Why (WESTERNS) Matter by Todd Cauley of The Gentlemen's Blog to Midnite Cinema
First off, I would like to wish a very happy fifth anniversary to the LBL, and raise a glass to Master Kelley for his dedication, his talent, and his exquisite taste in choosing guest writers (tee hee hee). Salute!
Great cinema is a dialogue between the viewer and the viewed (indeed, this relationship exists in all creative media). Genre cinema uses its specific trappings as a sort of shorthand in this dialogue (think of it like the difference between having to drive somewhere on the highway and having to drive somewhere but knowing a shortcut). If this dialogue is about life, and love, and death, as great storytelling typically is, then a Genre must have malleability. This is why we get what we offhandedly refer to as “generic” trappings. Thus, we have the Final Girl of the Horror genre, the Dystopian Future of the Science Fiction genre, and the Big Duel of the Western genre. The trappings are (mostly) genre-specific, and it’s their aesthetic appeal to a particular audience that makes them effective. They are already amenable to thinking about bigger ideas, because they have been (or are being) entertained.
So, then, why the Western?
Westerns have dealt with topics from race to gender roles to injustice to brotherhood and touched just about every other topic in some form or another going all the way down the list. Because they can. However, like Jazz music, the Western was born in the United States. Its very nature precludes it from having been imported from outside this nation. Of course, other countries have churned out Westerns, but the genre is, at its heart, the mythology of America (in fact, an uncle of mine told me that my grandfather loved Westerns as a youngster, and they provided him the visual template for how American men were expected to behave). There is a primal power at work in great Westerns, the same as there is in a legend like, say, Theseus and the Minotaur. These are struggles crying out for witnesses. The Western is as much the stark pain of childbirth as it is the exhausted celebration afterwards, reflected in one of the most primordial conflicts, that of man versus nature with the end goal of conquering a hostile land. The journey by pioneers into the West is arduous, the landscape unforgiving, and that is compelling cinema.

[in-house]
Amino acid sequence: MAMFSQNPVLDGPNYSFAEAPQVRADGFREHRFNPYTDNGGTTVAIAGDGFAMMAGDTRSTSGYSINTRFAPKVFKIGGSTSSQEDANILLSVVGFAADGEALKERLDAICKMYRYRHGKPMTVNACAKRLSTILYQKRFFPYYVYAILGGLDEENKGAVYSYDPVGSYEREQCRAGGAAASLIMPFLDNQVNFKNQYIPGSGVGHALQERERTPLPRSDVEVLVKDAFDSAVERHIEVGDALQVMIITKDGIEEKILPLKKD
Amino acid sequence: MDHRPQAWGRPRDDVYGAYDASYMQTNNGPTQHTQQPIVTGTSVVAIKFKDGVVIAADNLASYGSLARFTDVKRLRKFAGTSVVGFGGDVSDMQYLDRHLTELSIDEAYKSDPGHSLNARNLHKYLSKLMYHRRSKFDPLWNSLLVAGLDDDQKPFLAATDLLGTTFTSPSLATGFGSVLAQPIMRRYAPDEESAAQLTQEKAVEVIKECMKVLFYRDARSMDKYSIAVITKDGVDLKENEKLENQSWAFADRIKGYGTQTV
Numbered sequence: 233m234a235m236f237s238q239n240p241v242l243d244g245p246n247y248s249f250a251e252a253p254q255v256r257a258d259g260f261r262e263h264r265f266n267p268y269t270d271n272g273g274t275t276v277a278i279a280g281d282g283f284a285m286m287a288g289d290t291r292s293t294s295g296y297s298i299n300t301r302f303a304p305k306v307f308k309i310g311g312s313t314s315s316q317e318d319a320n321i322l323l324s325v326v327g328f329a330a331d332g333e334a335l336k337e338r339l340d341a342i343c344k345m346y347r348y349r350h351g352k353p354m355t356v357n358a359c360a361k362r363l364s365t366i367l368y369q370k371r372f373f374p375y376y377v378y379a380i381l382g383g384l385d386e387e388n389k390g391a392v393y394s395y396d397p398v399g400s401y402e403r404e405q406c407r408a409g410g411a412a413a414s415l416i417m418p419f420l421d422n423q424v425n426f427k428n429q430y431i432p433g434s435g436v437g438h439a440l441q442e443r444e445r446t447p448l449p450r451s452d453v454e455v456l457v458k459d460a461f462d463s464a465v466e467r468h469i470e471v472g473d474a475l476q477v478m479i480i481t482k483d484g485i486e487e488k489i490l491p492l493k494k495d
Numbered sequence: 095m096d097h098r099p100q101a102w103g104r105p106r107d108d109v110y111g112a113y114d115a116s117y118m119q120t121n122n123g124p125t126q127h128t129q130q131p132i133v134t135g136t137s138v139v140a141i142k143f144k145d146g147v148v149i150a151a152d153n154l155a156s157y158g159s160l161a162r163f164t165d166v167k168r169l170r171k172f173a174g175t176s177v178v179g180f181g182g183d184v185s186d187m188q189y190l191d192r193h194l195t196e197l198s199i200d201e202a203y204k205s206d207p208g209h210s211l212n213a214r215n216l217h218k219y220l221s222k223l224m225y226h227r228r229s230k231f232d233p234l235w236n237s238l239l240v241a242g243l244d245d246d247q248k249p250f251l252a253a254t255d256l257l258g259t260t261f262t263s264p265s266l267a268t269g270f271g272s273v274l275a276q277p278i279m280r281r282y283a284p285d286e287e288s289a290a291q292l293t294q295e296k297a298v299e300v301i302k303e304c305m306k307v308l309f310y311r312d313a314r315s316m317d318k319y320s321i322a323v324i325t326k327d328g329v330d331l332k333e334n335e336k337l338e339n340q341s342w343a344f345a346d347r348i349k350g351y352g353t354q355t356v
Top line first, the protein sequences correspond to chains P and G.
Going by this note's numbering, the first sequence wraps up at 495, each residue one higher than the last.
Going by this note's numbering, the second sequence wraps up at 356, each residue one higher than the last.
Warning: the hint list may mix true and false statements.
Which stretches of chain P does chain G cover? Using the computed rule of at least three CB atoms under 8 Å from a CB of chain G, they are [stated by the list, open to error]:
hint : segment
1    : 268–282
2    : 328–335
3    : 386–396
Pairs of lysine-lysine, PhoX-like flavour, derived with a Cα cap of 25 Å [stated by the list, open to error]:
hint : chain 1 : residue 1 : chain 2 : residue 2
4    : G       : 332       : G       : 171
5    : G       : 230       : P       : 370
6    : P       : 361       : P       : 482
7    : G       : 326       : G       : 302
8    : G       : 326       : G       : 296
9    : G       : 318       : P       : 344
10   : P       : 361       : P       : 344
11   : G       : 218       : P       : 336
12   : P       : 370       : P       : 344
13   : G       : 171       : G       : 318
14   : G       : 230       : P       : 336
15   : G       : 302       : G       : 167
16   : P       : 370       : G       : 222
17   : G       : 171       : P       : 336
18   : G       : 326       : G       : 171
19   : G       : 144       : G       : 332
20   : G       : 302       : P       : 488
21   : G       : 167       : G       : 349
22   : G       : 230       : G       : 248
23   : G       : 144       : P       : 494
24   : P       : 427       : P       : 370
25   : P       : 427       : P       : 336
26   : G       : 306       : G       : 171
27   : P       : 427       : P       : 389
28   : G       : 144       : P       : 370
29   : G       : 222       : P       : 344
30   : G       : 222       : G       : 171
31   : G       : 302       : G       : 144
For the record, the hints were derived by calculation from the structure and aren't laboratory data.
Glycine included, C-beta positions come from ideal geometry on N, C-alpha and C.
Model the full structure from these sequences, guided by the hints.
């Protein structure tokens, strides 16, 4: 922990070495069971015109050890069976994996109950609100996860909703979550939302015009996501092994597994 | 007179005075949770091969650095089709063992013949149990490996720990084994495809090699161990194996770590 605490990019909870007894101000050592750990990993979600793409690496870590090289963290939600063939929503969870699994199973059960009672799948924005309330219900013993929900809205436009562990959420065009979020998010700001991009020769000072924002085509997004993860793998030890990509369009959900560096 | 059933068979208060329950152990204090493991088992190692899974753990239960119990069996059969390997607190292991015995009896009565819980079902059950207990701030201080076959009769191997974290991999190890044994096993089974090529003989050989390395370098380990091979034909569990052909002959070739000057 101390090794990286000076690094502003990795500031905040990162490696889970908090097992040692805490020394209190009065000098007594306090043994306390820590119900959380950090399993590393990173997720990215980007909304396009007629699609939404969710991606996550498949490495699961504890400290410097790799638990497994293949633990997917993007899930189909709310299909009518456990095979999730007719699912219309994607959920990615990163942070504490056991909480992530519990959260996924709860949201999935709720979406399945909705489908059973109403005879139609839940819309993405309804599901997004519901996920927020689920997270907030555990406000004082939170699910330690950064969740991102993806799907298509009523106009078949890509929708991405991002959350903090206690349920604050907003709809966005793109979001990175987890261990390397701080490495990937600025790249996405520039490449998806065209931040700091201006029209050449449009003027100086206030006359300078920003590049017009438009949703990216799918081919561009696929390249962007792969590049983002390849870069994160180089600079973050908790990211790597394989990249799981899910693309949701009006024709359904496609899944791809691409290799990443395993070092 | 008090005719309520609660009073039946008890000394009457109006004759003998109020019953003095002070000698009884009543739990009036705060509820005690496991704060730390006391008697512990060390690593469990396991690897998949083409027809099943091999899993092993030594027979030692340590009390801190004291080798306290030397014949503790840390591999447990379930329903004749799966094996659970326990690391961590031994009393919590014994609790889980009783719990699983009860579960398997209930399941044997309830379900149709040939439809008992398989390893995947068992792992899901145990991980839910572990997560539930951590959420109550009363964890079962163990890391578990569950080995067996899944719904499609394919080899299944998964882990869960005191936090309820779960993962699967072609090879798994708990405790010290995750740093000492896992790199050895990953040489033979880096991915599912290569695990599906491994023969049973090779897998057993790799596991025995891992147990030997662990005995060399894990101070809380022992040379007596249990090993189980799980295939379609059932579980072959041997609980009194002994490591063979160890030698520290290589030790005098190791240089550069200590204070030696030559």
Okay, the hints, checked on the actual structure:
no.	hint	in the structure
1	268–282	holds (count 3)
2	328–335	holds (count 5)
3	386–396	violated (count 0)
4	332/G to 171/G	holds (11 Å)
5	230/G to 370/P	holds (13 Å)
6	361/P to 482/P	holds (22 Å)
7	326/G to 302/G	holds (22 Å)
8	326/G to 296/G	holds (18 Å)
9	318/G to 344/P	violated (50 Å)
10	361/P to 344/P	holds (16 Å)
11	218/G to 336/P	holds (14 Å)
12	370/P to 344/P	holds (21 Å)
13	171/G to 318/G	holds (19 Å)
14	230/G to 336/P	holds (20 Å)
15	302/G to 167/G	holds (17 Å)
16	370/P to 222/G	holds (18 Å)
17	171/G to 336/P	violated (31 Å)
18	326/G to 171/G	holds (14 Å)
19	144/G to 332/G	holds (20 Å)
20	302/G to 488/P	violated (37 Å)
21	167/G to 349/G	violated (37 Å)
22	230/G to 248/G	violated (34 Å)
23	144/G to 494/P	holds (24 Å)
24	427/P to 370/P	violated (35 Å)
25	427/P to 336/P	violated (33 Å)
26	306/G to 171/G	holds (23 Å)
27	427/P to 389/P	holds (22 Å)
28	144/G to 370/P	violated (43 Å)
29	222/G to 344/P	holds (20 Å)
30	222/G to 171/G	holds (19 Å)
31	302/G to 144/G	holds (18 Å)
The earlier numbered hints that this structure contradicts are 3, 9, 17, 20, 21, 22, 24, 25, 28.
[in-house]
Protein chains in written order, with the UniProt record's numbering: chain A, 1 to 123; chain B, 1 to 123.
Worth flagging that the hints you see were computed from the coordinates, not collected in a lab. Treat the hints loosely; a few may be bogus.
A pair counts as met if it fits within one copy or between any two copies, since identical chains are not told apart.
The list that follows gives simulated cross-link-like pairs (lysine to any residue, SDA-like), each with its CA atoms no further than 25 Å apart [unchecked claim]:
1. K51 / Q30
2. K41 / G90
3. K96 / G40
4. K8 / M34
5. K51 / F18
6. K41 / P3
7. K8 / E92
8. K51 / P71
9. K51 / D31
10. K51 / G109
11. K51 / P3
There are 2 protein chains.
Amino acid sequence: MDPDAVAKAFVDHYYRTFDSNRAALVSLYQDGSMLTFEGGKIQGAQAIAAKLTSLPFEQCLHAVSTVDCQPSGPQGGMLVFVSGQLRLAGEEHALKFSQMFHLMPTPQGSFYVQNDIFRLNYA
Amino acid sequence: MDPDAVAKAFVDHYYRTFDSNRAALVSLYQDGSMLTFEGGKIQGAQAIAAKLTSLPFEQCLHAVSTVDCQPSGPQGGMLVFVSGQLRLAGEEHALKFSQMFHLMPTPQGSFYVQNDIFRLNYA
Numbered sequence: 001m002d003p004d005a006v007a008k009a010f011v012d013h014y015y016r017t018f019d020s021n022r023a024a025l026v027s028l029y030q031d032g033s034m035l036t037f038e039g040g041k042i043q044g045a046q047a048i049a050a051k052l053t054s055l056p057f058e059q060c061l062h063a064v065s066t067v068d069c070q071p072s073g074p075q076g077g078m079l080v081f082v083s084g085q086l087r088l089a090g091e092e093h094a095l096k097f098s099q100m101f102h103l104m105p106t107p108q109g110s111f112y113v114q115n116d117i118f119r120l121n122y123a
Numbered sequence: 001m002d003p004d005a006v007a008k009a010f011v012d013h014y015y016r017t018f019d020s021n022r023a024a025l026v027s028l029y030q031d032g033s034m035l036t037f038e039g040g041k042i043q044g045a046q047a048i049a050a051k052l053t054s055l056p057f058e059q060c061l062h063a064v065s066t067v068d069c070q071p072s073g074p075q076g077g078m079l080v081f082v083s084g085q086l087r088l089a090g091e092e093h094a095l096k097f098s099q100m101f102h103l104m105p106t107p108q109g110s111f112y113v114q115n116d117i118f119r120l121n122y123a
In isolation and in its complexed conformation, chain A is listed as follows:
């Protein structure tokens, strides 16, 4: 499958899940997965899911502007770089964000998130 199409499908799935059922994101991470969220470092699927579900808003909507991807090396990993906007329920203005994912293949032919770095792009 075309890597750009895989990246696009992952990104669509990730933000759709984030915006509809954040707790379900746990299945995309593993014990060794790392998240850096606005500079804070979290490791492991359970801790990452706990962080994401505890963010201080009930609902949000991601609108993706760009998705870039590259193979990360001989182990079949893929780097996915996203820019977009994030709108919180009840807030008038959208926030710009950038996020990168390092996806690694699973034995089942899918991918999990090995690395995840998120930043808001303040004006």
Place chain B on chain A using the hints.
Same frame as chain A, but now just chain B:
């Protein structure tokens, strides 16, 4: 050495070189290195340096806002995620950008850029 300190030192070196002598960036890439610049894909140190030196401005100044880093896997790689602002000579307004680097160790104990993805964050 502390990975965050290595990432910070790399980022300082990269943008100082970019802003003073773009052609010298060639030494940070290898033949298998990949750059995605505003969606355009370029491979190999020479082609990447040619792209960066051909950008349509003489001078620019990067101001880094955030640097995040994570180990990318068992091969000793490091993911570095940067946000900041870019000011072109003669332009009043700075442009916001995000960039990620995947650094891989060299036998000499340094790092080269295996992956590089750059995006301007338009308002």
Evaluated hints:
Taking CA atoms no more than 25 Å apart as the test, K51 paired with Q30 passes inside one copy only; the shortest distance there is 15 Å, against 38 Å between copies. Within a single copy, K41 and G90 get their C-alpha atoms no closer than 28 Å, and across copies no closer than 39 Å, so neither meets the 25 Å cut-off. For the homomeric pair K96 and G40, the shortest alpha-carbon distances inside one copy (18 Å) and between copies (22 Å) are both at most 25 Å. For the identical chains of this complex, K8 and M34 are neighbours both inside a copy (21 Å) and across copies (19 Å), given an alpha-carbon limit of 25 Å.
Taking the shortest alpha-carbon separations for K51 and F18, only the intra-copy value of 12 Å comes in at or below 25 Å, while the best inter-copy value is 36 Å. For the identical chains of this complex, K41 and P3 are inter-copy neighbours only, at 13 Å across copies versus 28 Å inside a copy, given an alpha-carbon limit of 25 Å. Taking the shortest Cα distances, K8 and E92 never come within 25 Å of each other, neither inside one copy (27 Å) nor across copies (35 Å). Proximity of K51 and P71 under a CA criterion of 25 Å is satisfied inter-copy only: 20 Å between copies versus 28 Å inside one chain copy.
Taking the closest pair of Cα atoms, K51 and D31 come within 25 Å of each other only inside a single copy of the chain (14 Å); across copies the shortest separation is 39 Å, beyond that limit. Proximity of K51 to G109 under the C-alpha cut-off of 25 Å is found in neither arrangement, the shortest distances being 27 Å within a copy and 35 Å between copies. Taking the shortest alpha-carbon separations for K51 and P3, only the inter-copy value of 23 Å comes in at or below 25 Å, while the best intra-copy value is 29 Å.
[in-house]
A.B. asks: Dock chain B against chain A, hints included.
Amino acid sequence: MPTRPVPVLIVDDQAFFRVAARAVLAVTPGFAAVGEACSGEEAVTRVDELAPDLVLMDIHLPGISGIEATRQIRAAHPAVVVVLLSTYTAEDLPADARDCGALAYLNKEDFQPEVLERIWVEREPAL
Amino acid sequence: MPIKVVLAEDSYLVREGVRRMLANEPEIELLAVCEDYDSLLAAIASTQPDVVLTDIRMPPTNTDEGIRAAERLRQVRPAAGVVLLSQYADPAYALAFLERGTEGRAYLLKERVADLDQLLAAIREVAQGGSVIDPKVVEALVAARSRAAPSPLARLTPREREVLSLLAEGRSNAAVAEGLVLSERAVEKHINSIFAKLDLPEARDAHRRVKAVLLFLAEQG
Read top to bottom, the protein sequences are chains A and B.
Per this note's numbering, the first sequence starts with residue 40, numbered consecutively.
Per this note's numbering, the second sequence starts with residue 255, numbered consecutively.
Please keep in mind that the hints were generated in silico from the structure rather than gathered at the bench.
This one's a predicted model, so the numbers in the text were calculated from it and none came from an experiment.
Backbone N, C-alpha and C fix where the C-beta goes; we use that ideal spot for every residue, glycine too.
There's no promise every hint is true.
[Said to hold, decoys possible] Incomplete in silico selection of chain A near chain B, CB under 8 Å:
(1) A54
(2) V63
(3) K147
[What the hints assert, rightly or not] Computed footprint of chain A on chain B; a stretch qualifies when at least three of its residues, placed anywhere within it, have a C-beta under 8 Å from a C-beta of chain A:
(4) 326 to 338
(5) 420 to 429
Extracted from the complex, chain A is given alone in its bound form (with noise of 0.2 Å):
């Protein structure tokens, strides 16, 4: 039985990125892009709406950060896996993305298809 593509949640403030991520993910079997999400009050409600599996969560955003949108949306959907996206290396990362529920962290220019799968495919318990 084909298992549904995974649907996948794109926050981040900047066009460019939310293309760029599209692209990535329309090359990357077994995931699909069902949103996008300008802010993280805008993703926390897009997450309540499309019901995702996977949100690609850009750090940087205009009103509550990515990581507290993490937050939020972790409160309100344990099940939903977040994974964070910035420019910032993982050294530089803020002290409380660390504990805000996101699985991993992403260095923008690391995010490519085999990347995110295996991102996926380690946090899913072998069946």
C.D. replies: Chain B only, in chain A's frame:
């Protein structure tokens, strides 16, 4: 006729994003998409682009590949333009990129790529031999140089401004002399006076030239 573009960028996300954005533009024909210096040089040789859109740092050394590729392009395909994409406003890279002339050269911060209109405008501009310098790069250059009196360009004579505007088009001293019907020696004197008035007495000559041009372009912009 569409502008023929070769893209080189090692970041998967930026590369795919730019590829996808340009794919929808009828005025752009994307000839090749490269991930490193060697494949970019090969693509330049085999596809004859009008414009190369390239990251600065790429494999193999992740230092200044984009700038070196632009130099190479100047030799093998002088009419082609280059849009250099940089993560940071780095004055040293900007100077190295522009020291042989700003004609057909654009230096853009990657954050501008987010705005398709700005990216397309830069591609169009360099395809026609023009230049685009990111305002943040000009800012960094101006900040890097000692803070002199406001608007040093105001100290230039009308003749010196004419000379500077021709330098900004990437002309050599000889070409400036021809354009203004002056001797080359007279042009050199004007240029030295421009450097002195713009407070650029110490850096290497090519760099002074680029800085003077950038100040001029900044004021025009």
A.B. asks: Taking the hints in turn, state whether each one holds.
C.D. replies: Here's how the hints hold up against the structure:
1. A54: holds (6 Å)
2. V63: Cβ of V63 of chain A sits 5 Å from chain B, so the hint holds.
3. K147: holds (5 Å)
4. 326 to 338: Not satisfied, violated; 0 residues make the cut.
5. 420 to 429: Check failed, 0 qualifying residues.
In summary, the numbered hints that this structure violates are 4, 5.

Nevertheless, the land isn't the only source of adversity, and the theme of opposites plays out in the Western via the gunslinger. These people are the samurai of the West, or the flying aces, if you will. They are largely defined by their skill and dedication to the art of killing. Consequently, they are usually evenly matched, and the final showdown, when done right, can be some of the tensest, most engaging film moments you will ever see.
That this is the ultimate conclusion to any given number of disputes also comes from the lawlessness of the time, and that plays in as a part of the Western’s appeal. Lots of folks would love to shoot it out with a scoundrel or two (Michael Crichton understood this for his film Westworld). It’s a fantasy, as all fiction films are, and as with any fantasy, it has its heroes and villains. Look at some of the most famous men of the Wild West: Billy The Kid, Jesse James, “Wild” Bill Hickok, Wyatt Earp. Many could just as easily be seen as antiheroes as bad men or champions or guttersnipes (indeed, some start on one end of the spectrum only to wind up on the other end and even back again). Factual accounts of deeds or misdeeds aside, the Western is a study in shades of grey (“Even bad men love their mamas”). There is an unspoken moral code inherent in the Western, and when that code is broken, there are repercussions, but all of the characters in Westerns understand this code, and they impart it to the audience in their actions. In the struggle of the Western hero to establish and reinforce civilization on the Frontier, however, this code can become nebulous, because the strain it places on the protagonist has the capacity to overwhelm. There’s a quiet honor among these violent men, and even if that concept does not contain even one scintilla of truth, we the audience will it to be truthful, the same as we will it to be truthful that the shining knight always rescues the damsel in distress and so forth.
I could go on and on about Westerns for pages, creating ever increasing circles within circles (and likely becoming even more confused than the rest of this essay has already been), touching backs to fronts and ends together, and that’s a further aspect of the genre’s importance, to my mind. It keeps giving. Within the basic framework there is the capacity for multitudes. There is always something going on under a great Western’s surface, and it’s a weathered, clapboard surface we know by heart. The joy is in the unearthing of the treasure beneath and observing either its confluence with or divergence from its veneer. And that, my friends, is a give and take; expectation and resolution; dialogue. But you can suffice it to say that great Westerns are great Cinema.